The stem cells populating the white matter tracts in human brain can generate neurons, apparently just by being removed from an environment that limits them to a glial fate, according to an article in the current Nature Medicine by Steven Goldman, Neeta Roy, and their colleagues in New York City at Weill Cornell Medical College and Columbia University, and at New York Medical College in Valhalla.

Several years ago, Goldman and Roy, among others, described the presence of these glial progenitor cells (Scolding et al., 1998; Roy et al., 1999). At least a subset of these could be induced to become neurons under certain in-vitro conditions. In the current study, the authors sought to determine whether single stem cells from human white matter were capable of generating a range of neural cell types and to characterize any constraints on this process.

The researchers harvested oligodendrocyte precursor cells from tissue that had been resected from patients, primarily for epilepsy. In culture, individual precursor cells gave rise to neurospheres containing an average of 40+ cells. These undifferentiated precursors could then be induced to differentiate into neurons (capable of mature neuronal electrophysiologic function), as well as oligodendrocytes and astrocytes. At the same time, the precursors also retained the capacity to seed the formation of secondary neurospheres, whose cells also could produce all neuronal cell types. However, the white matter cells were not capable of extended replication; under the conditions of these experiments, they were limited to between 16 and 30 cell doublings.

The researchers also noted that the white matter progenitor cells did not require humorally directed "reprogramming" or exposure to basic fibroblast growth factor in order to become pluripotent, as is the case with glial progenitor cells from the rat optic nerve (Kondo and Raff, 2000) or rat forebrain. The human white matter stem cells required only the presence of PDGF and NT-3.

Finally, Goldman and colleagues took their work into an in-vivo model by grafting the human white matter progenitor cells to embryonic (E17) rat brain. When the animals were killed at four weeks of age, the descendants of the engrafted cells were found as neurons in various brain areas, including hippocampus and striatum.

"These data suggest that adult human [white matter progenitor cells] constitute a population of parenchymal glial progenitor cells whose in-situ fate is restricted by the local white-matter environment." The authors acknowledge, however, that the population may be mixed, with some cells being irreversibly committed to a glial lineage, while others retain the potential to become neurons. This question warrants further study.-Hakon Heimer.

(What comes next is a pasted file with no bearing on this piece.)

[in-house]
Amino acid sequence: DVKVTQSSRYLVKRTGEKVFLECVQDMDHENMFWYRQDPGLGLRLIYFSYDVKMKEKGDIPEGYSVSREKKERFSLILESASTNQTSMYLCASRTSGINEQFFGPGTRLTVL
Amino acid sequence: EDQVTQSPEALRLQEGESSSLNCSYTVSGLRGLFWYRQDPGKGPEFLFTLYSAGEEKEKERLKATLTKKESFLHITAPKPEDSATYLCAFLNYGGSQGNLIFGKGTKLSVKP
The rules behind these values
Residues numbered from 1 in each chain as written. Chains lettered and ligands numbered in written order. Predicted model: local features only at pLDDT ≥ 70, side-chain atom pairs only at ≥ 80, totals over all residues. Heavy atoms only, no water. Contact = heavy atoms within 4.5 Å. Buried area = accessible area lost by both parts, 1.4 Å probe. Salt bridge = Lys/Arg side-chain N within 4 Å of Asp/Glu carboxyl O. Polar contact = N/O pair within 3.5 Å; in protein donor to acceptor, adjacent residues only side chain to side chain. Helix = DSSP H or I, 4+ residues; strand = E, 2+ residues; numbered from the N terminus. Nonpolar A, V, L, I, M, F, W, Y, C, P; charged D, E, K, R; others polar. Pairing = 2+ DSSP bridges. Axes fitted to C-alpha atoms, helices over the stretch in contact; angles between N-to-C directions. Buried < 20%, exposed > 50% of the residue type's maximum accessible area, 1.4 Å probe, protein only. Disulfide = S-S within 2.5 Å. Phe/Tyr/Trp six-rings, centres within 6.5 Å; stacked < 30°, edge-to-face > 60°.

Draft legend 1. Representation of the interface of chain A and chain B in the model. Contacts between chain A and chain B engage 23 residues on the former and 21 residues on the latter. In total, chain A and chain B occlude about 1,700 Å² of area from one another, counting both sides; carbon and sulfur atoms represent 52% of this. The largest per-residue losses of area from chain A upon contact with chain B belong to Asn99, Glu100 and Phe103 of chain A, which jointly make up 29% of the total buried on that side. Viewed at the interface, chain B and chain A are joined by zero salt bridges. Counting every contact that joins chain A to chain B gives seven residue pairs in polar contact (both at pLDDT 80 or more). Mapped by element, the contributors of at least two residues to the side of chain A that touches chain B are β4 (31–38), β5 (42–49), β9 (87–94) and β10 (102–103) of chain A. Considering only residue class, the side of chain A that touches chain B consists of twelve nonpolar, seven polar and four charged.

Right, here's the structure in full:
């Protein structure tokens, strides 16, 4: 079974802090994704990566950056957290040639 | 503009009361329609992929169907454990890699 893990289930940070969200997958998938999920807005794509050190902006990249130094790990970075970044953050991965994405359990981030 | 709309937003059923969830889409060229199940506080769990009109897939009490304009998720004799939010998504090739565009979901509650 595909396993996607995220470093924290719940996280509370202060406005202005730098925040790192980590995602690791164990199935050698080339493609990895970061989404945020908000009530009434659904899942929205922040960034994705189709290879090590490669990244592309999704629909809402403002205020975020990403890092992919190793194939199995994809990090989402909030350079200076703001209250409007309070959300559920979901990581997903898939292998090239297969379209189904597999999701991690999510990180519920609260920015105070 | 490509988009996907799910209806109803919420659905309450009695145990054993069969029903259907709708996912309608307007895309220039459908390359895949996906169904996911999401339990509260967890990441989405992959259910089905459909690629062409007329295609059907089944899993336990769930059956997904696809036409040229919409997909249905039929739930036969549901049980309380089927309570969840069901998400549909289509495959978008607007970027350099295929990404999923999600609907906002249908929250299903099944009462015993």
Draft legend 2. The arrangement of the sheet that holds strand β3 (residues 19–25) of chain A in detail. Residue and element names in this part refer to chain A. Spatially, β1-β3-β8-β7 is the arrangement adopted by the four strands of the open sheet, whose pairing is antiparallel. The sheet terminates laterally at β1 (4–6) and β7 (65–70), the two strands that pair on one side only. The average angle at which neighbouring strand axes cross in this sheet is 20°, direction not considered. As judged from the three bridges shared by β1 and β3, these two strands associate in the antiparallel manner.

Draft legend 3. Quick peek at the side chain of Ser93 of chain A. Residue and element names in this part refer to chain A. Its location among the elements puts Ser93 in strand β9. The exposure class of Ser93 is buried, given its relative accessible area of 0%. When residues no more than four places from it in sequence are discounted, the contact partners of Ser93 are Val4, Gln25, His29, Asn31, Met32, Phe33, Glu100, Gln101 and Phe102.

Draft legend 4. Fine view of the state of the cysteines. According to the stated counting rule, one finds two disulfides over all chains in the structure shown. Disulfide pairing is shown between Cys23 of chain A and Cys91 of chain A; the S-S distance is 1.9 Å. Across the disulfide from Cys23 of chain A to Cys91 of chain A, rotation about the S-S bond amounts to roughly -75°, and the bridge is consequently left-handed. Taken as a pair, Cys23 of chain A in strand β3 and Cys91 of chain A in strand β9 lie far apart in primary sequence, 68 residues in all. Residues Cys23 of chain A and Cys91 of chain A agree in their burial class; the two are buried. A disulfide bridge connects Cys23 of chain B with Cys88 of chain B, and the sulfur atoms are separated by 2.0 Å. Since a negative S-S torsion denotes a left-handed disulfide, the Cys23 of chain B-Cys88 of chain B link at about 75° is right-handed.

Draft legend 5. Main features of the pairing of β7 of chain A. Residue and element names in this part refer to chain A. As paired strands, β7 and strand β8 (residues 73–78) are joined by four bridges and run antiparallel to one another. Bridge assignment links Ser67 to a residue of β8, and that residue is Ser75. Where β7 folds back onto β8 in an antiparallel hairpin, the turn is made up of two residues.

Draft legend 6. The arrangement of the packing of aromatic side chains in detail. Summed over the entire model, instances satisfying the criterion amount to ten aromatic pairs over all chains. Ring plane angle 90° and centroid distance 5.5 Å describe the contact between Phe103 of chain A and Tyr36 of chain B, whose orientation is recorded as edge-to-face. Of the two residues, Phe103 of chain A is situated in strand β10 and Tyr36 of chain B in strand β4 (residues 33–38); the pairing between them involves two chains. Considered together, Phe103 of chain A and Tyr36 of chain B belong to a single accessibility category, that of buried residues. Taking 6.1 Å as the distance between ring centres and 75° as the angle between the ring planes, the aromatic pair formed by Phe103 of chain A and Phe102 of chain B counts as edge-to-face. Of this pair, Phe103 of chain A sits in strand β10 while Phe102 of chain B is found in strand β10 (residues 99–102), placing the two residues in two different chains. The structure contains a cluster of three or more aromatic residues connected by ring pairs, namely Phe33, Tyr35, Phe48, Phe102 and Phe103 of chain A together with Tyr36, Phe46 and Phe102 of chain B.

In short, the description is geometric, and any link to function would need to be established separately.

Reference:
Nunes MC, Roy NS, Keyoung M, Goodman RR, McKhann G II, Jiang L, Kang J, Nedergaard Maiken, Goldman SA. Identification and isolation of multipotential neural progenitor cells from the subcortical white matter of the adult human brain. Nat Med. 2003 Apr;9(4):439-47. Abstract

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  1. This is a report to support neurogenesis in the adult human brain. Transplanted cells (Hoehn, 2002; Zung, 2003) and endogenous stem cells localized in the subventricular zone (Parent, 2002) are reported to migrate through white matter of the adult brain. The finding of neural progenitors in the white matter in the human brain reported in the current paper would be directly comparable to these findings in the rodent brains.

    Since the authors of this paper found limited self-renewal ability of the white matter progenitor cells (WMPCs), these cells have left the stem cell lineage and become phenotypically committed progenitors. From this point of view of limited expandability, WMPCs from the adult human brain cell may not be a good candidate for transplantable materials for neuroreplacement therapies. Moreover, starting material may also be limited because the volume of biopsy sample and the population of the cells is small.

    Rather, I think this article gives us a good rationale to treat patients with compounds that increase the progenitor cell population in the brain. Although we need more detailed stem cell population studies during aging and under disease conditions, the human adult brain may have more effective self-repair systems than we thought.

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References

Paper Citations

  1. . Oligodendrocyte progenitors are present in the normal adult human CNS and in the lesions of multiple sclerosis. Brain. 1998 Dec;121 ( Pt 12):2221-8. PubMed.
  2. . Identification, isolation, and promoter-defined separation of mitotic oligodendrocyte progenitor cells from the adult human subcortical white matter. J Neurosci. 1999 Nov 15;19(22):9986-95. PubMed.
  3. . Oligodendrocyte precursor cells reprogrammed to become multipotential CNS stem cells. Science. 2000 Sep 8;289(5485):1754-7. PubMed.
  4. . Identification and isolation of multipotential neural progenitor cells from the subcortical white matter of the adult human brain. Nat Med. 2003 Apr;9(4):439-47. PubMed.

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Primary Papers

  1. . Identification and isolation of multipotential neural progenitor cells from the subcortical white matter of the adult human brain. Nat Med. 2003 Apr;9(4):439-47. PubMed.